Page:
(Table 1: A comparison of different non-volatile memory types.)

Flash-based approaches, even though with limited endurance count like EEPROMs, increase the lifetime of memory using a technique called wear leveling. Software on the MCU employs a complex algorithm to identify when a block of memory is worn and begins to experience errors beyond a set threshold. The algorithm then searches for another block that is not worn and moves the data to that block. Wear leveling algorithms tend to try to spread wear evenly throughout the Flash device. This makes wear leveling a fairly complex process that, while increasing reliability, ultimately adds latency to write operations.

Flash writes take place in pages, which also has a significant impact on write performance. Typically, data to be logged will be captured and collected in a buffer until a full block is available to write. Next, the block in memory to write to must be identified by the wear leveling algorithm, which can involve software-based look-up within large data tables. With Flash, the block must first be erased before it can be written to. Finally, the data buffer is written to memory.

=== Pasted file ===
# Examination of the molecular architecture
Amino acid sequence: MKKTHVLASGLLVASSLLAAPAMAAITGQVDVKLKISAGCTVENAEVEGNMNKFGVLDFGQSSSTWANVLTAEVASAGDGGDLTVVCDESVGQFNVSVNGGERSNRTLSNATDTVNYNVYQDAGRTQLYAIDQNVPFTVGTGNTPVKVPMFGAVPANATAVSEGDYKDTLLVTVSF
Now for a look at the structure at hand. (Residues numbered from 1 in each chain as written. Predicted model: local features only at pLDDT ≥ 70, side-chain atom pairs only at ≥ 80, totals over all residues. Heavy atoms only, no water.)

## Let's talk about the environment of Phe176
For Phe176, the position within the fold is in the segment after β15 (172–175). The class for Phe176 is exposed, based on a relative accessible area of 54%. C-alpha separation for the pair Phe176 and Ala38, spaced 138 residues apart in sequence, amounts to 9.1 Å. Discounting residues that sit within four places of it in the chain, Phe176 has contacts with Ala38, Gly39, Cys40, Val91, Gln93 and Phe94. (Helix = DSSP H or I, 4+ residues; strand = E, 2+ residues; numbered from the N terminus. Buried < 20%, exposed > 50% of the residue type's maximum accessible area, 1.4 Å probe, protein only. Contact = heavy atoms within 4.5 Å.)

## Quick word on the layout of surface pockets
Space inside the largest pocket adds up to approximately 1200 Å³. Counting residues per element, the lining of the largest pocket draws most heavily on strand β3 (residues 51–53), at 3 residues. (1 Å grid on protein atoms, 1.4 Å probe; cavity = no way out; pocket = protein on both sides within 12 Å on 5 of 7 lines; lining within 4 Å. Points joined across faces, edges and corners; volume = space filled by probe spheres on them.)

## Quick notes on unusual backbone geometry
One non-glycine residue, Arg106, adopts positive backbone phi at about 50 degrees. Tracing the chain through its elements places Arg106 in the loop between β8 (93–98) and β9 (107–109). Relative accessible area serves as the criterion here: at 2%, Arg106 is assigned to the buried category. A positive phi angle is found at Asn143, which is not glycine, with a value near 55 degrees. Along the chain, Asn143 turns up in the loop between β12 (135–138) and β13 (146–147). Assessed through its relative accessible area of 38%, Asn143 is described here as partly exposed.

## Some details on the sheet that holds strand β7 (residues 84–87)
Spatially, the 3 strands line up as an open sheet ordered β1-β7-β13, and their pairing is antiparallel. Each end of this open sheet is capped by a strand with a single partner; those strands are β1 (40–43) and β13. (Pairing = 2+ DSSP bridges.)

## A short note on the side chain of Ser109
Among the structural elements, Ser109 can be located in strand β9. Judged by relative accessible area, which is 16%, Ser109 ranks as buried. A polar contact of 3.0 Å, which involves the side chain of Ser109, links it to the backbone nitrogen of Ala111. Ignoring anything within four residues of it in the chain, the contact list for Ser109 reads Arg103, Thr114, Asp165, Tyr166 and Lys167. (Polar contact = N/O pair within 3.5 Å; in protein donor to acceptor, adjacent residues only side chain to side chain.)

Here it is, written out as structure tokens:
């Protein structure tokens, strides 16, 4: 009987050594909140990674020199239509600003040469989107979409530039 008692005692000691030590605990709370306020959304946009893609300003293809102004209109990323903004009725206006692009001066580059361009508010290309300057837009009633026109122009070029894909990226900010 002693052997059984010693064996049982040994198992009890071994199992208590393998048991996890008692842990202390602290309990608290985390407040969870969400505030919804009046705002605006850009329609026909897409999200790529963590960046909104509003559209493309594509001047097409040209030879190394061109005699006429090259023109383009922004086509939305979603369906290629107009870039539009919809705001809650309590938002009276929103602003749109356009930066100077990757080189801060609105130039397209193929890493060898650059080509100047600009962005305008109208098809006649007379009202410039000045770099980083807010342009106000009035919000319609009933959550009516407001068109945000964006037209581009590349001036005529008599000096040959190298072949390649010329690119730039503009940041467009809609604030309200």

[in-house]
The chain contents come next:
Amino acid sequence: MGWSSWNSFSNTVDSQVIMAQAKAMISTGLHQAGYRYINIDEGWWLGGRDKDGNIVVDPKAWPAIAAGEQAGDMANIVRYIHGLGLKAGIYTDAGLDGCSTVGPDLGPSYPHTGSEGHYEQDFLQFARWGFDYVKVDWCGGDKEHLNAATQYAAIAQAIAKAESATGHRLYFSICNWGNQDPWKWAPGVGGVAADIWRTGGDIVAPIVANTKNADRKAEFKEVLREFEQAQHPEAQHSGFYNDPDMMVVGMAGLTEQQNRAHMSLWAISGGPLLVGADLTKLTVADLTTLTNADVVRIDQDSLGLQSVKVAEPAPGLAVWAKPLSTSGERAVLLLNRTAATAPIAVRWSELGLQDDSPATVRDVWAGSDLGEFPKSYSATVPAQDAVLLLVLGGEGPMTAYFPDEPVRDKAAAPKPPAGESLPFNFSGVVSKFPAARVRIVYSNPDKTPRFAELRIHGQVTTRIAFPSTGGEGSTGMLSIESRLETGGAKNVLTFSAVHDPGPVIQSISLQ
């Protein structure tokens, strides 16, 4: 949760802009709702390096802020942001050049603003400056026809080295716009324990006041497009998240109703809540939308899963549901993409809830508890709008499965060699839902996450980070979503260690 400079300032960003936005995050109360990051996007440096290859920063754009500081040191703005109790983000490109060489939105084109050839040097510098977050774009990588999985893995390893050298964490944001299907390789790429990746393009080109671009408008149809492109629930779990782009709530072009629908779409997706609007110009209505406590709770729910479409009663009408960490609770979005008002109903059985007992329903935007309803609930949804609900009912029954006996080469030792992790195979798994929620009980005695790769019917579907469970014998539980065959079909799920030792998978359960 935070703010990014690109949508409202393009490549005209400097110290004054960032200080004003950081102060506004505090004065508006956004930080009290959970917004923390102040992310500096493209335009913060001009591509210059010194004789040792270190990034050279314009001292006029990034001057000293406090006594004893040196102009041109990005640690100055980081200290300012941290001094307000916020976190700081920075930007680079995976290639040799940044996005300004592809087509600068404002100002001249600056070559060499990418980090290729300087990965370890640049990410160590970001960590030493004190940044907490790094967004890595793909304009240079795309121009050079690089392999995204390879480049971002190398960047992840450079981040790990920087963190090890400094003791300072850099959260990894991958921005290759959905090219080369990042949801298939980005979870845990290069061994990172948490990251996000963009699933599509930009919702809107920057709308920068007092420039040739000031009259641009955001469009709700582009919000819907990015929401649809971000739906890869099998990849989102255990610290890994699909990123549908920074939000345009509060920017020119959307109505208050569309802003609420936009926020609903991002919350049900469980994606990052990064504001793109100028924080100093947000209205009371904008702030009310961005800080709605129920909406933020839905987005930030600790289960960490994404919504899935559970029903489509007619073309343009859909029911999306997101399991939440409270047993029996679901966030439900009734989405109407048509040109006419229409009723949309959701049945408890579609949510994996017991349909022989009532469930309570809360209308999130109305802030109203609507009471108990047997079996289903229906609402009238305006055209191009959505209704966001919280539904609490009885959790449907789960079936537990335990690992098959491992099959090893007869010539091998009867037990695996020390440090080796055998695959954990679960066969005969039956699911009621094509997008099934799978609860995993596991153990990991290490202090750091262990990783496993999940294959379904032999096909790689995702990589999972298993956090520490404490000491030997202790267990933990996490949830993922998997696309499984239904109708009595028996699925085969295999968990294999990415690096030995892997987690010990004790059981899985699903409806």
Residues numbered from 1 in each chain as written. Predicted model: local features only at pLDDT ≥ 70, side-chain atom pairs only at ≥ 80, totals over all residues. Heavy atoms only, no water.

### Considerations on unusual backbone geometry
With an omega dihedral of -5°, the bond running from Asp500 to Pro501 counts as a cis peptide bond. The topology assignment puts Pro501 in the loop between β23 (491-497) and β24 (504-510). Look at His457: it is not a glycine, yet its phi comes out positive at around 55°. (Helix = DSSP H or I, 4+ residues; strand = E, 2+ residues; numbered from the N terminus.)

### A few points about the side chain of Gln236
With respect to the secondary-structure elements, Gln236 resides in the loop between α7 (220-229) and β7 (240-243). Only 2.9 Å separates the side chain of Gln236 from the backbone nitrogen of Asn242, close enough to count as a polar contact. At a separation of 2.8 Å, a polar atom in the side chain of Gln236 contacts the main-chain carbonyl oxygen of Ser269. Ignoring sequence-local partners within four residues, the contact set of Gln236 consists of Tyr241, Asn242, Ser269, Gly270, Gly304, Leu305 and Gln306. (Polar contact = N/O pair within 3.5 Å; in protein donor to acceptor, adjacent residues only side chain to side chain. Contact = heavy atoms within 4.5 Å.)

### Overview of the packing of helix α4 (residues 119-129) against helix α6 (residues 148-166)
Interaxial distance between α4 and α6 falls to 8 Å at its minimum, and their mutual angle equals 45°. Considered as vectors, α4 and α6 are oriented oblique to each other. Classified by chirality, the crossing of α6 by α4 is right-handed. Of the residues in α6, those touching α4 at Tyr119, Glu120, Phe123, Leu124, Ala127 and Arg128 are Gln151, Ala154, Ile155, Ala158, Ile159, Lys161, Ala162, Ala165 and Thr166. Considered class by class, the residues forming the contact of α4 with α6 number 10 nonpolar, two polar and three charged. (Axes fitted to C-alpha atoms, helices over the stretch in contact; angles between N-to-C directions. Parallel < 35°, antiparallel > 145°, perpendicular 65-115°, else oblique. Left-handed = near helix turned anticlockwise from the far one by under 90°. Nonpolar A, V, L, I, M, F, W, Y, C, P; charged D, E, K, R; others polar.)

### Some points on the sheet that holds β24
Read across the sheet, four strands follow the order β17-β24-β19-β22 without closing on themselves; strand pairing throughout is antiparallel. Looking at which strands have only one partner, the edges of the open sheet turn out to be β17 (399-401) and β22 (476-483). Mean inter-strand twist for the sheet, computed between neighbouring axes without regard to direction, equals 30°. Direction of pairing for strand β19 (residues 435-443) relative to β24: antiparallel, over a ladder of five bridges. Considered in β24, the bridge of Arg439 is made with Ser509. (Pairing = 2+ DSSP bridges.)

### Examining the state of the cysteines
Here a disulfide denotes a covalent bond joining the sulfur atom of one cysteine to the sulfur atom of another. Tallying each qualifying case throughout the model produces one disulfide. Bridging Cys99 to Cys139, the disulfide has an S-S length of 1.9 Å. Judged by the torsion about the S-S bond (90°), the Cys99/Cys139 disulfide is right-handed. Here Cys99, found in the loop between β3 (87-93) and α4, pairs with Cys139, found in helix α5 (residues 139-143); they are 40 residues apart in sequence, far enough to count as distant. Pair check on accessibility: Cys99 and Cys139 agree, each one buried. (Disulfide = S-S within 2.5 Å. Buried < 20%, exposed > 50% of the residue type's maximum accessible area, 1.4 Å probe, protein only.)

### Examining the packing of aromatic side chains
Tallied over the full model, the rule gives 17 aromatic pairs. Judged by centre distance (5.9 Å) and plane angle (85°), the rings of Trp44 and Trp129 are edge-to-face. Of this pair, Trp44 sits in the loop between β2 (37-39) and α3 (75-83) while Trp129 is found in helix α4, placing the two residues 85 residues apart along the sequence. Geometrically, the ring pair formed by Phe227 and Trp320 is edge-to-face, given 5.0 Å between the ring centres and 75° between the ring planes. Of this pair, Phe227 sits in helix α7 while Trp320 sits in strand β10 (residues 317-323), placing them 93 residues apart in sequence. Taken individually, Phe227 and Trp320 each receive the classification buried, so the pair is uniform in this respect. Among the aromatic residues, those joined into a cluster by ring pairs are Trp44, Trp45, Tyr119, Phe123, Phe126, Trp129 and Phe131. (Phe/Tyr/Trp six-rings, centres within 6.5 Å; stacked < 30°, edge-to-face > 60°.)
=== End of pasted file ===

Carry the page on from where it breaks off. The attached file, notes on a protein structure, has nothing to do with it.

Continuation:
Real-Time Capture

When the power fails, the system has little to no time to react. Thus, for gaming machine data to be stored with high reliability, the data must be captured and stored continuously. The worst case scenario is when a power failure occurs during a gaming event since this is when there is the most real-time data to collect and potentially the least amount of time in which to capture it.

If a failure occurs any time during the Flash write process, data in the buffer will be lost. The longer the write process, the greater the risk of losing data crucial for understanding why the machine failed and establishing the integrity of the casino operator.